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January 19, 2010
Results help MIT Museum staff choose artifacts for MIT 150th Anniversary Exhibition in 2011
Cambridge, MA - January 19, 2010 – The people have spoken: The most popular nomination for the upcoming MIT 150 Exhibition is the Baker House Piano Drop.
As MIT alumni and aficionados know, the Piano Drop is held at least in theory on the last day in which students can drop a class during spring semester. Denizens of Baker House drag an actual, but non-working piano to the top of their six-story dormitory. Then they push the piano off the roof, and monitor its fall in an extremely precise, statistically monitored, educational way.
The Piano Drop led the list of about 400 objects nominated online in an open process for the MIT 150 Exhibition competition. This non-binding referendum is helping MIT Museum staff to select objects for the Institute’s sesquicentennial exhibition, which will open at the Museum in January 2011.
The exhibition website opened to the public for nominations last spring. Between November 1 and January 1, visitors were asked to vote for their 10 favorite nominations. Thousands of votes were counted and the complete list of winners can be found at http://museum.mit.edu/150/results.
You can already see keys from a Piano Drop, along with artifacts for several other high-scoring nominations, on display at the MIT Museum in Cambridge, MA. Among the artifacts is the class of 2011's Brass Rat ring, the only object already picked for the anniversary display. In the coming months, Museum staff will make the final curatorial decisions about what is to be featured, and how the physical exhibition will look. The virtual exhibition will remain open to all visitors on the website, who can continue to nominate objects and tell stories about their experiences with MIT, and more generally with engineering and science. Later this year, all comers will be able to submit stories orally via the website and at the Museum.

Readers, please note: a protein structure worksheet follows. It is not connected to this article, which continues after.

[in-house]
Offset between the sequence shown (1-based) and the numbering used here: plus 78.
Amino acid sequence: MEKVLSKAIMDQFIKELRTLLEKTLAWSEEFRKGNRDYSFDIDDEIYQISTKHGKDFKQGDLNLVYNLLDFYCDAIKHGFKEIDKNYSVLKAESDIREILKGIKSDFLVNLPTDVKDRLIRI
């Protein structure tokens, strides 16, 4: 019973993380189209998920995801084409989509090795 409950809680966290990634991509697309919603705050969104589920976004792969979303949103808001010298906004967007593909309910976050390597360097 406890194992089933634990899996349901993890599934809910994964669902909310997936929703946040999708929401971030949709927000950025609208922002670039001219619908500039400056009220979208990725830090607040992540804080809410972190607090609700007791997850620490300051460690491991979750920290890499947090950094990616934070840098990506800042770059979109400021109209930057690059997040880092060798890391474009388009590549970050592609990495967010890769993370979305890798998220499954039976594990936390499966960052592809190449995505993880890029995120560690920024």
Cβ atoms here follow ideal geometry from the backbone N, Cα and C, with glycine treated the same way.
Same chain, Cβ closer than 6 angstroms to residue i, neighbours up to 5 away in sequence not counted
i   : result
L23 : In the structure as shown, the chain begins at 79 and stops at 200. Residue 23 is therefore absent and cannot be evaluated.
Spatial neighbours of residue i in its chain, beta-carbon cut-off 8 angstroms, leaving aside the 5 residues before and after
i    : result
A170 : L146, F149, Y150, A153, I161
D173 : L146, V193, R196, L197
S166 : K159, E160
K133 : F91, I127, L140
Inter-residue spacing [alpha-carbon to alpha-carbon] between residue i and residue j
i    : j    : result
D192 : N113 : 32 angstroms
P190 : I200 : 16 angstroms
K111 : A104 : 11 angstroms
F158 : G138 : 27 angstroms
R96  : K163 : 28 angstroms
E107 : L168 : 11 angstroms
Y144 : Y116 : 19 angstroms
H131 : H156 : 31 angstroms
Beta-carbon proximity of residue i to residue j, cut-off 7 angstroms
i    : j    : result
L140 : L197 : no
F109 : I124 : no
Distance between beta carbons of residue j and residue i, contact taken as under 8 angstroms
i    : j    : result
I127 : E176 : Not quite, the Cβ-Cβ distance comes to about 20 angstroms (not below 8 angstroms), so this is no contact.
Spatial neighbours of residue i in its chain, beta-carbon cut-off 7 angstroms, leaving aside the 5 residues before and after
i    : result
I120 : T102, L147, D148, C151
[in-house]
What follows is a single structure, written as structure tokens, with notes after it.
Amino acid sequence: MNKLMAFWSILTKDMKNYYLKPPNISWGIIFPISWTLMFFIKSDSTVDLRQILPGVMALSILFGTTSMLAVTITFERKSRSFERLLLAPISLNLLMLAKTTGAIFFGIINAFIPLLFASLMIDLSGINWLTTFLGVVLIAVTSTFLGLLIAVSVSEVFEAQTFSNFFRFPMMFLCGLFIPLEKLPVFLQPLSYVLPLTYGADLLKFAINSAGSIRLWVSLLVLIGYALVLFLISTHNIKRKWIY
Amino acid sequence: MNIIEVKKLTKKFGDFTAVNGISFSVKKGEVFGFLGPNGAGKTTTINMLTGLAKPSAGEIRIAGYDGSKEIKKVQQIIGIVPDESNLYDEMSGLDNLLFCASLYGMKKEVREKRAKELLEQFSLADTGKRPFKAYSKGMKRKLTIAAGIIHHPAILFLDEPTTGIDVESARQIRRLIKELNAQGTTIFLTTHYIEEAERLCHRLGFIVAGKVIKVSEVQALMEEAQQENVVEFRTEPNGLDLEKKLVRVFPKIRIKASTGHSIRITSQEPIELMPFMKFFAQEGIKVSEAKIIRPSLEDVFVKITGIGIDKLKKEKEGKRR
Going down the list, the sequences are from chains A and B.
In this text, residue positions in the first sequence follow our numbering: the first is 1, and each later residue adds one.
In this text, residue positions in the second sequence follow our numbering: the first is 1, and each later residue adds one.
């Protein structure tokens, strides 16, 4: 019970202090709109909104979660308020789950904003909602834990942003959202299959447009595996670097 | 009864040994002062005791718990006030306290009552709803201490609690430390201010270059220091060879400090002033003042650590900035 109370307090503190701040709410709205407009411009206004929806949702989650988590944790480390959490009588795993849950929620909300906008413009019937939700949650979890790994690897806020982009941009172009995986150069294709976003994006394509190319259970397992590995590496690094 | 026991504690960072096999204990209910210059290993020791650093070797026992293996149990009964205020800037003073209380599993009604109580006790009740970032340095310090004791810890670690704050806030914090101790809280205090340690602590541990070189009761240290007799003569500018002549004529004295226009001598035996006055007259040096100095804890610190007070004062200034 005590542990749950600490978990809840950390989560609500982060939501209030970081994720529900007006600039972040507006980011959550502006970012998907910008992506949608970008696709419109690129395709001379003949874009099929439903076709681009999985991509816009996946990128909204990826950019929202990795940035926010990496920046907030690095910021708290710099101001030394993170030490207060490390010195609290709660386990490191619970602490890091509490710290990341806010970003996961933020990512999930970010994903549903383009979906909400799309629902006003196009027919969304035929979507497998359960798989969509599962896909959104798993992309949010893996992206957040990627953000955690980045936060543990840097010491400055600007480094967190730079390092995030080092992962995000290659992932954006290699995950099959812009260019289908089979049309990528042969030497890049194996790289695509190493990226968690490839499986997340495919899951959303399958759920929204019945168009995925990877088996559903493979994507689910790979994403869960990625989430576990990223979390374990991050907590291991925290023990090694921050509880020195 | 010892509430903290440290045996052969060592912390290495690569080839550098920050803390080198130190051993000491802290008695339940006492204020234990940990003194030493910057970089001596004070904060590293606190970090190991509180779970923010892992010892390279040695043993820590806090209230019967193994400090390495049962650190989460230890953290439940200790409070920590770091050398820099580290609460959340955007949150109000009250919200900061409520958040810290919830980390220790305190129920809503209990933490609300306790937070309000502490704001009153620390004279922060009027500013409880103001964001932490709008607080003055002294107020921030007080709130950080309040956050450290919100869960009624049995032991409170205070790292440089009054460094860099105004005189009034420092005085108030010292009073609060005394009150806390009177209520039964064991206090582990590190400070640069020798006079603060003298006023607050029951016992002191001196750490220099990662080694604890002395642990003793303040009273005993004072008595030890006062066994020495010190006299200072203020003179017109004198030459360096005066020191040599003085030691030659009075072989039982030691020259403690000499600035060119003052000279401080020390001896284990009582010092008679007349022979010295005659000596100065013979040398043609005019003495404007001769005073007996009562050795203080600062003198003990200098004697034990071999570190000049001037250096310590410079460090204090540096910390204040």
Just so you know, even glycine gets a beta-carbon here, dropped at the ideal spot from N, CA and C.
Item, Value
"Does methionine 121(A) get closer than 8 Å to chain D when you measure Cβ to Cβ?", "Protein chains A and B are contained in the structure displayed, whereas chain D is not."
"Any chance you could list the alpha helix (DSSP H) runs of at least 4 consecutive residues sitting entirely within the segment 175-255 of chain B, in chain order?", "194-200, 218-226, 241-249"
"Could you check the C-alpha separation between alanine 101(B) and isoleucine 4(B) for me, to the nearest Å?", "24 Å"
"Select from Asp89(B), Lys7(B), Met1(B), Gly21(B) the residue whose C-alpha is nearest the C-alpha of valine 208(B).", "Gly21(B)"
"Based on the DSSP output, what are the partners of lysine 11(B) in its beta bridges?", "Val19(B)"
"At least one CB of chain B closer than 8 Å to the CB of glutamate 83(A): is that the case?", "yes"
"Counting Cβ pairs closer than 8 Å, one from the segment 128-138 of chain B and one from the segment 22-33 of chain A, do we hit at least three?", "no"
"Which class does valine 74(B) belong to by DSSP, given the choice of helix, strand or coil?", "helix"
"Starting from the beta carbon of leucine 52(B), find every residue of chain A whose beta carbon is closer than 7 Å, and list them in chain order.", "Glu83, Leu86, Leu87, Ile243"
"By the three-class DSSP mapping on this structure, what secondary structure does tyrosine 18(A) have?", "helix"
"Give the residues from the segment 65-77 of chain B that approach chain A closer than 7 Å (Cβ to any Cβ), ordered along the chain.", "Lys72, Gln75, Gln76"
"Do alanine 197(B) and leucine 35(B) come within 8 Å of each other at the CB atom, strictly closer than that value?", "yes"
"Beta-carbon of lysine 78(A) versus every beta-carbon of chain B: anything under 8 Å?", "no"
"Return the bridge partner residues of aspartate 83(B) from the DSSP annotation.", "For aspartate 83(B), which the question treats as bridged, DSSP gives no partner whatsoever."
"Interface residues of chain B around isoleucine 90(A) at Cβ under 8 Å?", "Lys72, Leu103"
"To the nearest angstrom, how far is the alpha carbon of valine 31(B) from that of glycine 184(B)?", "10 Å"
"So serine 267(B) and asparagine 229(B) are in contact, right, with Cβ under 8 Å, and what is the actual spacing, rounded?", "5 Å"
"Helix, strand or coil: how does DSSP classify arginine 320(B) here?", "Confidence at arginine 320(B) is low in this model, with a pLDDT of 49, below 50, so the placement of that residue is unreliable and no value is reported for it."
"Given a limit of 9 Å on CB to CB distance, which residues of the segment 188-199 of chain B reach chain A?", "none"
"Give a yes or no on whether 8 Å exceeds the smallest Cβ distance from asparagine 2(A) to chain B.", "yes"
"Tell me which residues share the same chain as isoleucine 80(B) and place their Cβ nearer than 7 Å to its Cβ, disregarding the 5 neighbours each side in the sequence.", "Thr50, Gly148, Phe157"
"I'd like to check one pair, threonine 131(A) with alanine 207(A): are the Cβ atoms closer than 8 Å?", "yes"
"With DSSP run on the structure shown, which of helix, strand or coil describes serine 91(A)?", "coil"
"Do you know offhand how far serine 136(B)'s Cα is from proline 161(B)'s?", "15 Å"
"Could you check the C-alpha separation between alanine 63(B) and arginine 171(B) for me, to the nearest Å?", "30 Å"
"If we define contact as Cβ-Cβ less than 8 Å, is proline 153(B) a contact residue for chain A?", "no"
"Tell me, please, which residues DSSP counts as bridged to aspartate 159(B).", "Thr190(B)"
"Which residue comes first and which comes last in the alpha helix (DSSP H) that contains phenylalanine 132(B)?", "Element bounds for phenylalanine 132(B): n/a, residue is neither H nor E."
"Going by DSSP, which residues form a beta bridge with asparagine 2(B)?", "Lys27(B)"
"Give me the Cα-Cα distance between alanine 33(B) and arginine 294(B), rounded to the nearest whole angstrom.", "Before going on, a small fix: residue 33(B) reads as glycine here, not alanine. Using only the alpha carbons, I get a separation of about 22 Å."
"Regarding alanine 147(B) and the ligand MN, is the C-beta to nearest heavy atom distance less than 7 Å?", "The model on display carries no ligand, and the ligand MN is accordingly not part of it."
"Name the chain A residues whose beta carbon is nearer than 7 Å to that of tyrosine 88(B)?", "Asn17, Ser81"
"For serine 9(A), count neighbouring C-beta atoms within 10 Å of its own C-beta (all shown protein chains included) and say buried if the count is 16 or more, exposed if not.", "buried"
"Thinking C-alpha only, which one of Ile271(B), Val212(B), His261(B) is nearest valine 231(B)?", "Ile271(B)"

The MIT 150 project has been successful in collecting anecdotes and comments about objects such as the Piano Drop. The Drop “is a combination of dorm spirit, harmless destructiveness, and the willingness to do something difficult just for the sake of doing it," as one alum remarked. This combination gave the Drop wide appeal in voting for MIT 150 Exhibition objects. Also, it didn’t hurt that Baker House alums organized a get-out-the-vote campaign on its behalf.
A similar campaign boosted the showing for the MIT Glass Lab, which placed a very respectable third. “I went to one of the MIT 150 design workshops, and I got really excited about what the MIT 150 Exhibition is planning to do,” says Peter Houk, director of the Glass Lab.
“The Glass Lab encapsulates some of the really good values of MIT: working with tools, exploring hands-on and collaborating in teams in a productive way,” Houk explains. “A large number of people are connected with the Glass Lab and proud of it. Sending out a request to vote for the MIT 150 nomination seemed like a good community-reinforcing act.”
Community is what the MIT 150 Exhibition is about, says Deborah Douglas, the Museum’s Curator of Science and Technology. “In addition to showcasing the Institute’s remarkable history, culture and achievements, the Exhibition has allowed us to run this innovative project in public engagement, which is very much in the MIT tradition,” she says. “We’re very pleased with results so far. It’s a great start to a permanent online collection documenting MIT history.”
To add your own MIT memories and opinions for the Exhibition, please visit museum.mit.edu/150.